David Bourget (Western Ontario)
David Chalmers (ANU, NYU)
Rafael De Clercq
Jack Alan Reynolds
Learn more about PhilPapers
Christian Bioethics 6 (2):153-169 (2000)
The idea of a market in human organs has traditionally met with widespread and emphatic rejection from both secular and religious fronts alike. However, as numerous human beings continue to suffer an uncertain fate on transplant waiting lists, voices are beginning to emerge that are willing at least to explore the option of human organ sales. Anyone who argues for such an option must contend, however, with what seem to be largely emotional rejections of the idea. Often it seems that rebuffs offered on a secular ground are rooted in nothing more than vague discomforts. We suspect that these discomforts are often based in religious sentiments that have wound their way into the fabric of secular America. Therefore, in order to contribute further to those voices heard in favor of human organ sales, it is worthwhile to show that from a religious perspective, it is just as possible to affirm the appropriateness of human organ sales as it is from a secular basis. Since Protestantism has historically had a powerful influence in American society it is a proper starting point for such an investigation.
|Keywords||bioethics, medical ethics organs|
|Categories||categorize this paper)|
Setup an account with your affiliations in order to access resources via your University's proxy server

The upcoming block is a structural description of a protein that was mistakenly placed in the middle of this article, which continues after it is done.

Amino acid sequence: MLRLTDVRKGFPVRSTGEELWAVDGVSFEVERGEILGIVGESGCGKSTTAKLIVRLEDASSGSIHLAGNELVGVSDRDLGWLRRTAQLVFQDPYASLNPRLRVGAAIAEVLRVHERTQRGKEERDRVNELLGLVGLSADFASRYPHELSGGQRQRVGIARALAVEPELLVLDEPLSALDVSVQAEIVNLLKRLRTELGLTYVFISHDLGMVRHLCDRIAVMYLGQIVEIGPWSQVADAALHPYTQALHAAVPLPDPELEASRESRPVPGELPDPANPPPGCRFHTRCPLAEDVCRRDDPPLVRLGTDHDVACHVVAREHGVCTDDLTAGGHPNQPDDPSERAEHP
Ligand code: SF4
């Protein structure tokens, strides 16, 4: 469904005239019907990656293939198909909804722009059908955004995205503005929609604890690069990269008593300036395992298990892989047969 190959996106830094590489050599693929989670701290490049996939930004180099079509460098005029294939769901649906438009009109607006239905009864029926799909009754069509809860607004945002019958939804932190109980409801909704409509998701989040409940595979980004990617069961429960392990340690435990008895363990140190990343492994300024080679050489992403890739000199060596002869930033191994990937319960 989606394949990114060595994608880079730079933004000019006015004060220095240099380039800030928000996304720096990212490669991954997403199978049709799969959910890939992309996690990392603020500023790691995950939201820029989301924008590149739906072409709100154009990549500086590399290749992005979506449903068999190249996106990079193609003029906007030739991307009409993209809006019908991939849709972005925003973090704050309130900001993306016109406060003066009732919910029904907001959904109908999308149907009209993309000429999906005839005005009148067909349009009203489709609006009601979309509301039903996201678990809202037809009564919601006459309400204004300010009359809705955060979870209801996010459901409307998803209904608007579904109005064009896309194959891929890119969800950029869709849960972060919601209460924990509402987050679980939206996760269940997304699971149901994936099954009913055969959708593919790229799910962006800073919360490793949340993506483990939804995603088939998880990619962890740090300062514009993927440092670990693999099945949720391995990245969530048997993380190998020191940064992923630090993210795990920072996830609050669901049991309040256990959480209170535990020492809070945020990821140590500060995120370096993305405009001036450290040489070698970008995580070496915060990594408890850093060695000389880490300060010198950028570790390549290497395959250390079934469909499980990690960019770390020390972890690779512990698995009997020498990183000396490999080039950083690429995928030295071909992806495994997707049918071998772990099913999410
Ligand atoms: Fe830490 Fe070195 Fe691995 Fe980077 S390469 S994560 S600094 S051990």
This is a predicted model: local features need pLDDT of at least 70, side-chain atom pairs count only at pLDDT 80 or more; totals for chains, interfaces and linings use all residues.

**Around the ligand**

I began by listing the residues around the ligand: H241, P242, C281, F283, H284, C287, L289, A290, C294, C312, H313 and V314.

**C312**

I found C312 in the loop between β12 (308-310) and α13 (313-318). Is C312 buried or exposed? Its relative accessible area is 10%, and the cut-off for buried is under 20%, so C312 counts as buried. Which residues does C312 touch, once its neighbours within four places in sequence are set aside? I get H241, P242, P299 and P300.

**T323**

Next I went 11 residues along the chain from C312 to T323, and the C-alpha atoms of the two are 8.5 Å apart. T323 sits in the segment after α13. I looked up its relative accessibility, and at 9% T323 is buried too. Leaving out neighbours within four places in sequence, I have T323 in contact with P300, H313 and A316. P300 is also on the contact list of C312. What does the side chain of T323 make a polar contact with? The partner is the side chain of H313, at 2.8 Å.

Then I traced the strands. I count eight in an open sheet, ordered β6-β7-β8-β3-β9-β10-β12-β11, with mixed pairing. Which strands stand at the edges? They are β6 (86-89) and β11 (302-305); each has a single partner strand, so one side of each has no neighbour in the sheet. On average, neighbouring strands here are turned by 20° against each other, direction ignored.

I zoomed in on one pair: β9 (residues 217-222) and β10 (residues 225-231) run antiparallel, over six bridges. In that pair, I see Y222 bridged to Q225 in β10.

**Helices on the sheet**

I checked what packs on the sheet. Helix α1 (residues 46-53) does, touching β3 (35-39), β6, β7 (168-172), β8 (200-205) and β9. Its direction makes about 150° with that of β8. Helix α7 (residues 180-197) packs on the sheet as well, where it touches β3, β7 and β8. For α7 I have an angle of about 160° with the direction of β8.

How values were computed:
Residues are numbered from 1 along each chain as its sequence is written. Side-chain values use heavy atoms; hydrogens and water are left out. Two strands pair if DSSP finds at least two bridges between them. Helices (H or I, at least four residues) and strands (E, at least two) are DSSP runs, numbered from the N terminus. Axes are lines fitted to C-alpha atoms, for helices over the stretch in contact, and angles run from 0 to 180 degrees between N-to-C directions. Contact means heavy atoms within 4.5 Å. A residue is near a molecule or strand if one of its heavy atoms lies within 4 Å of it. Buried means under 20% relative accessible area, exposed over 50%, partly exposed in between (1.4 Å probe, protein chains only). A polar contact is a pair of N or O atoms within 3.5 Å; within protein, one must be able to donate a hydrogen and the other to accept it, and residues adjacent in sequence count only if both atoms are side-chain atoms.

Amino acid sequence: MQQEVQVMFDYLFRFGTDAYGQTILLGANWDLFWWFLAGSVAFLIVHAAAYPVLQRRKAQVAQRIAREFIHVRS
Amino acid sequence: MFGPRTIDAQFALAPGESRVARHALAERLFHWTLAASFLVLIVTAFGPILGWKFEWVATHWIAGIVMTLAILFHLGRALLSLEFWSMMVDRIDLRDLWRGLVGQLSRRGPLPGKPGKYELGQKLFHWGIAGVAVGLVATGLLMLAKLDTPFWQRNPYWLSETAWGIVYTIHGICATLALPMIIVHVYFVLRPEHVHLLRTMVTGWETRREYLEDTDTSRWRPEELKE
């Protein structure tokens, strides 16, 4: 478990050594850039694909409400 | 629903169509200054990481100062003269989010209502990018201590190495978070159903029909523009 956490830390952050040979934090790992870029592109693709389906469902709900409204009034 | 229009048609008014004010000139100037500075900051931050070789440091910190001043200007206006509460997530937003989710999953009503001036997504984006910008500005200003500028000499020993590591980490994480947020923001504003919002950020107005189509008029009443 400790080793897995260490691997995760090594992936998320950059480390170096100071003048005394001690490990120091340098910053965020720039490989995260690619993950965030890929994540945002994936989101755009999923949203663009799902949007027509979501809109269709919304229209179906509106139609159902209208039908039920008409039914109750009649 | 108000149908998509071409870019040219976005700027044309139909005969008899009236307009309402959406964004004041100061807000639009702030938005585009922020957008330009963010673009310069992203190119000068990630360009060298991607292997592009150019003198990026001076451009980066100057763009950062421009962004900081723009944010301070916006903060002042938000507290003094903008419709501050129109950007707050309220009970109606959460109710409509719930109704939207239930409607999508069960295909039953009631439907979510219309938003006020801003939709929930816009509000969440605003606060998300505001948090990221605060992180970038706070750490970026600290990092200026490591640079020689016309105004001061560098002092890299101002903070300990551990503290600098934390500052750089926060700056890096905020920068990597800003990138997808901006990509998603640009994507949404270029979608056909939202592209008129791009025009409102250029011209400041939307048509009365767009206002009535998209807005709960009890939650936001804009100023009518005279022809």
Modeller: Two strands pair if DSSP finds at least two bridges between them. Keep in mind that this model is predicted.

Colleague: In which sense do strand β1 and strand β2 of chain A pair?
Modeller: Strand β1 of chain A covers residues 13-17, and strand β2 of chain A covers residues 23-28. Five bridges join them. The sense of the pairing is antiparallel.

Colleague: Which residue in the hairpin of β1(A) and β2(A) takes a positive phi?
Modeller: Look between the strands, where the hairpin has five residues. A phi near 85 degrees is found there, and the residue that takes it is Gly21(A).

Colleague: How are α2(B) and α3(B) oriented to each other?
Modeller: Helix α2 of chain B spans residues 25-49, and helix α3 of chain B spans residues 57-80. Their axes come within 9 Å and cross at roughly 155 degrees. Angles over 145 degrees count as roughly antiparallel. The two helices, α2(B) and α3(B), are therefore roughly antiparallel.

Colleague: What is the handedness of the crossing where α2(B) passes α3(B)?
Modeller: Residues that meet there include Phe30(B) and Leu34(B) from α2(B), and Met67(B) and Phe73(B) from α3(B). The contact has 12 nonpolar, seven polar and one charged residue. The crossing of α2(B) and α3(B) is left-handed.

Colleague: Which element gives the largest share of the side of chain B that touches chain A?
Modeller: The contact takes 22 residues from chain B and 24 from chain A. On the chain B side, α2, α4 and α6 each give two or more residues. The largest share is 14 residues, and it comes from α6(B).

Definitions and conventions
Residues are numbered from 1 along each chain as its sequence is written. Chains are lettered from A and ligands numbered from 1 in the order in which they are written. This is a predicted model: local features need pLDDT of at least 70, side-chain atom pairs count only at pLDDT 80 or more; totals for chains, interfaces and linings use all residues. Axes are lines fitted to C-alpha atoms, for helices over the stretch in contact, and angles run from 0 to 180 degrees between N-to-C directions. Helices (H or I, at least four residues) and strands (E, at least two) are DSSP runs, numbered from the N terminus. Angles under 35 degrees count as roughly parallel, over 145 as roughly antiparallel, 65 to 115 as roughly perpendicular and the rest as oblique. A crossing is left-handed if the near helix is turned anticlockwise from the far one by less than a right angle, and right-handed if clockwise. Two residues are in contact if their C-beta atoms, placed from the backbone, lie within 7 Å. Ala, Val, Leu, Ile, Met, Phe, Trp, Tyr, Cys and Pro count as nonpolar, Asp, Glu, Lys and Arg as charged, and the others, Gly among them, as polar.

Configure custom proxy (use this if your affiliation does not provide a proxy)
|Through your library|
References found in this work BETA
No references found.
Citations of this work BETA
No citations found.
Similar books and articles
Shaheen Borna (1987). Morality and Marketing Human Organs. Journal of Business Ethics 6 (1):37 - 44.
Hayden Bernstein, Organ-Trafficking and the State of Israel: Jewish and Ethical Guidelines for a Regulated Market in Human Organs.
Patricia A. Marshall, David C. Thomasma & Abdallah S. Daar (1996). Marketing Human Organs: The Autonomy Paradox. Theoretical Medicine and Bioethics 17 (1).
James Stacey Taylor (2006). Why the 'Black Market' Arguments Against Legalizing Organ Sales Fail. Res Publica 12 (2):163-178.
Paul M. Hughes (2006). Ambivalence, Autonomy, and Organ Sales. Southern Journal of Philosophy 44 (2):237-251.
Fredrik Svenaeus (2010). The Body as Gift, Resource or Commodity? Heidegger and the Ethics of Organ Transplantation. Journal of Bioethical Inquiry 7 (2):163-172.
James F. Childress (2001). The Failure to Give: Reducing Barriers to Organ Donation. Kennedy Institute of Ethics Journal 11 (1):1-16.
Alastair V. Campbell (2009). The Body in Bioethics. Routledge-Cavendish.
Robert S. Taylor (2007). Self-Ownership and Transplantable Human Organs. Public Affairs Quarterly 21 (1):89-107.
Fredrik Svenaeus (2010). What is an Organ? Heidegger and the Phenomenology of Organ Transplantation. Theoretical Medicine and Bioethics 31 (3):179-196.
Paul M. Hughes (1998). Exploitation, Autonomy, and the Case for Organ Sales. International Journal of Applied Philosophy 12 (1):89-95.
Cynthia B. Cohen (2002). Public Policy and the Sale of Human Organs. Kennedy Institute of Ethics Journal 12 (1):47-64.
Simon Rippon (2014). Imposing Options on People in Poverty: The Harm of a Live Donor Organ Market. Journal of Medical Ethics 40 (3):145-150.
John Witte Jr (1998). Law, Religion, and Human Rights: A Historical Protestant Perspective. Journal of Religious Ethics 26 (2):257 - 262.
Mark J. Cherry (2000). Is a Market in Human Organs Necessarily Exploitative? Public Affairs Quarterly 14 (4):337--360.
Added to index2010-08-24
Total downloads16 ( #154,465 of 1,700,226 )
Recent downloads (6 months)2 ( #269,935 of 1,700,226 )
How can I increase my downloads?